Guest Columnists

Repealing the Affordable Care Act would be devastating for young adults with congenital heart disease


I have been on the faculty as a pediatric cardiologist at the University of Iowa Carver College of Medicine since 1983, after also completing my training at the University under the tutelage of Dr. Ronald M. Lauer. I will be retiring this June after a fulfilling career of watching improvements in our therapies for our patients so that the infant surgical mortality rate has declined from 15 percent to now 3-5 %. We now operate on newborns who previously had no options and died within days to weeks of life. I have had the privilege of following my patients as they grow up and become productive citizens even though they had experienced multiple surgeries in their childhood, frequently requiring lifelong medications and restrictions on physical activities. My patients now include college faculty, physicians, nurses, realtors, teachers, cabinet and window makers. I have also witnessed the development of a new medical specialty: Adults with Congenital Heart Disease because there are now more adults With congenital heart disease than there are children.

Every single one of the patients had a “pre-existing condition” which often meant they had no options after graduation from high school and they were no longer eligible for coverage under their parents’ insurance. Many were denied the opportunities they desired for their futures because of the need to do something which guaranteed them health insurance. Indeed, I would counsel them about choosing careers in which they could work for large organizations which had a greater chance of offering insurance without “questions”. They were often denied the opportunities of working for small businesses because their health care costs were too high, or their pre-existing conditions prevented them from even obtaining any insurance. Given that they had potentially life-threatening conditions, or had devices such as pacemakers, going without health insurance was not an option. Even if they could obtain insurance, there was often a “grace period” which left them without coverage for 6-24 months. I usually had to recommend that they not accept those positions.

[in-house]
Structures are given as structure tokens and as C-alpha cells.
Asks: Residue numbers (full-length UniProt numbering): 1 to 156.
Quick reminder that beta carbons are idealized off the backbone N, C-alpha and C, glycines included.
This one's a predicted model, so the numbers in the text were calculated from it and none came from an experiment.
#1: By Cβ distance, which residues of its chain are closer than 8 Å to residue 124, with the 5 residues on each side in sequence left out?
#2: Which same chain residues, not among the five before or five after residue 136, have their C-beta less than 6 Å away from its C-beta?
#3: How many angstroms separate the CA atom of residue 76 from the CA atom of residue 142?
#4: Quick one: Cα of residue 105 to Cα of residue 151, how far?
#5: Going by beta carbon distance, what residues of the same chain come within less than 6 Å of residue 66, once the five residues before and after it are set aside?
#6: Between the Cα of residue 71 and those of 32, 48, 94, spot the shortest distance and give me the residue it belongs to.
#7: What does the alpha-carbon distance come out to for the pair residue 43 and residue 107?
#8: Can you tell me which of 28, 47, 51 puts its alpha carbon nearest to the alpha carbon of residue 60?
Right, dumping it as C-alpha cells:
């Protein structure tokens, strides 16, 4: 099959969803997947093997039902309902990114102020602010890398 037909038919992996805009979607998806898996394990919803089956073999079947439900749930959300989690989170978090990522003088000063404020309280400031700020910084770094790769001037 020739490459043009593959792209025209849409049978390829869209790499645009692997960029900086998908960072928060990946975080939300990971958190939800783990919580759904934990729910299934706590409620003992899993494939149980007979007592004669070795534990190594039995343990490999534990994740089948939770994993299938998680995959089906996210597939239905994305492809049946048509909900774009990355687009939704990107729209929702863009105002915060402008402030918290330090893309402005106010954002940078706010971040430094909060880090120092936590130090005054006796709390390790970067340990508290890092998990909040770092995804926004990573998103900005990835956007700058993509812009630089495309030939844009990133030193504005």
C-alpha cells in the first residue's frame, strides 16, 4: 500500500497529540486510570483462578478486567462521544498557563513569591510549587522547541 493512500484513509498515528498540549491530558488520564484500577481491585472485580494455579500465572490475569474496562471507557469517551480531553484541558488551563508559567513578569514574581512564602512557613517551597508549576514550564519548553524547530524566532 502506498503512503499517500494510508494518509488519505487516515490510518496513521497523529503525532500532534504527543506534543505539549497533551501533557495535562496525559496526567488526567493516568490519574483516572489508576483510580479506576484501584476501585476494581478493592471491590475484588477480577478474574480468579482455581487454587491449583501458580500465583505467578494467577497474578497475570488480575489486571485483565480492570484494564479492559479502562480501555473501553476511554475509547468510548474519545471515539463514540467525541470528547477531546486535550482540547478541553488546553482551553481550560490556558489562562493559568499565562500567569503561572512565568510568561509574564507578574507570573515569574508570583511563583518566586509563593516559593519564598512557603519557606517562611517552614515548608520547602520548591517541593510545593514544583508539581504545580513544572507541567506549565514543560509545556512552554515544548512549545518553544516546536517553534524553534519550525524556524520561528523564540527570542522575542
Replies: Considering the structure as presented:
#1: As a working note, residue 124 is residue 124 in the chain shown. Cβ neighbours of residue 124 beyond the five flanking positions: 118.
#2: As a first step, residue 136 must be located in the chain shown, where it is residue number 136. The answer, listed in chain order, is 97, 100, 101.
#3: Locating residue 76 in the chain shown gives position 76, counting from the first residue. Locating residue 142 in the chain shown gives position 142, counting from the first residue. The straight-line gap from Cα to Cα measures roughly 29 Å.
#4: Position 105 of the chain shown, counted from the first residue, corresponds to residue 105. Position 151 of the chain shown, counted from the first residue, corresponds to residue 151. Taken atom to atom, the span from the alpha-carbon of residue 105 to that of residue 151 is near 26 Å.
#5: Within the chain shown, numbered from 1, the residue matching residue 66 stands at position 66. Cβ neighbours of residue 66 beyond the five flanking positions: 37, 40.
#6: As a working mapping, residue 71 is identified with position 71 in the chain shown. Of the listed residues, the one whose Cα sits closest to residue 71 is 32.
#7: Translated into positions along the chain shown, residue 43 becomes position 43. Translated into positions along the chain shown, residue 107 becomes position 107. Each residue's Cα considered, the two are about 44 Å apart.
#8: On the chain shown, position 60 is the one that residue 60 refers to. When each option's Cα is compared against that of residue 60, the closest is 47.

All of these concerns disappeared with the Affordable Care Act. My patients could remain on their parents policy, allowing them the time to develop a career which suited their interests and talents. They knew that their heart disease could not be held against them in searching for a job and obtaining health insurance. Unfortunately, since the election, I have started to hear the comments again: I am worried about getting insurance, I can’t get the job I want because I will not have insurance.

I urge to reconsider your position on the Affordable Care Act. It has been a positive development for my patients, many of whom are productive taxpaying citizens of Iowa. Repeal without a simultaneous replacement with similar benefits will be devastating for a large number of my patients.

• Dr. Dianne Atkins is a Professor in the Stead Family Department of Pediatrics at the University of Iowa Carver College of Medicine. Her specialty is Pediatric Cardiology. This column reflects her personal views and not necessarily those of her employer.



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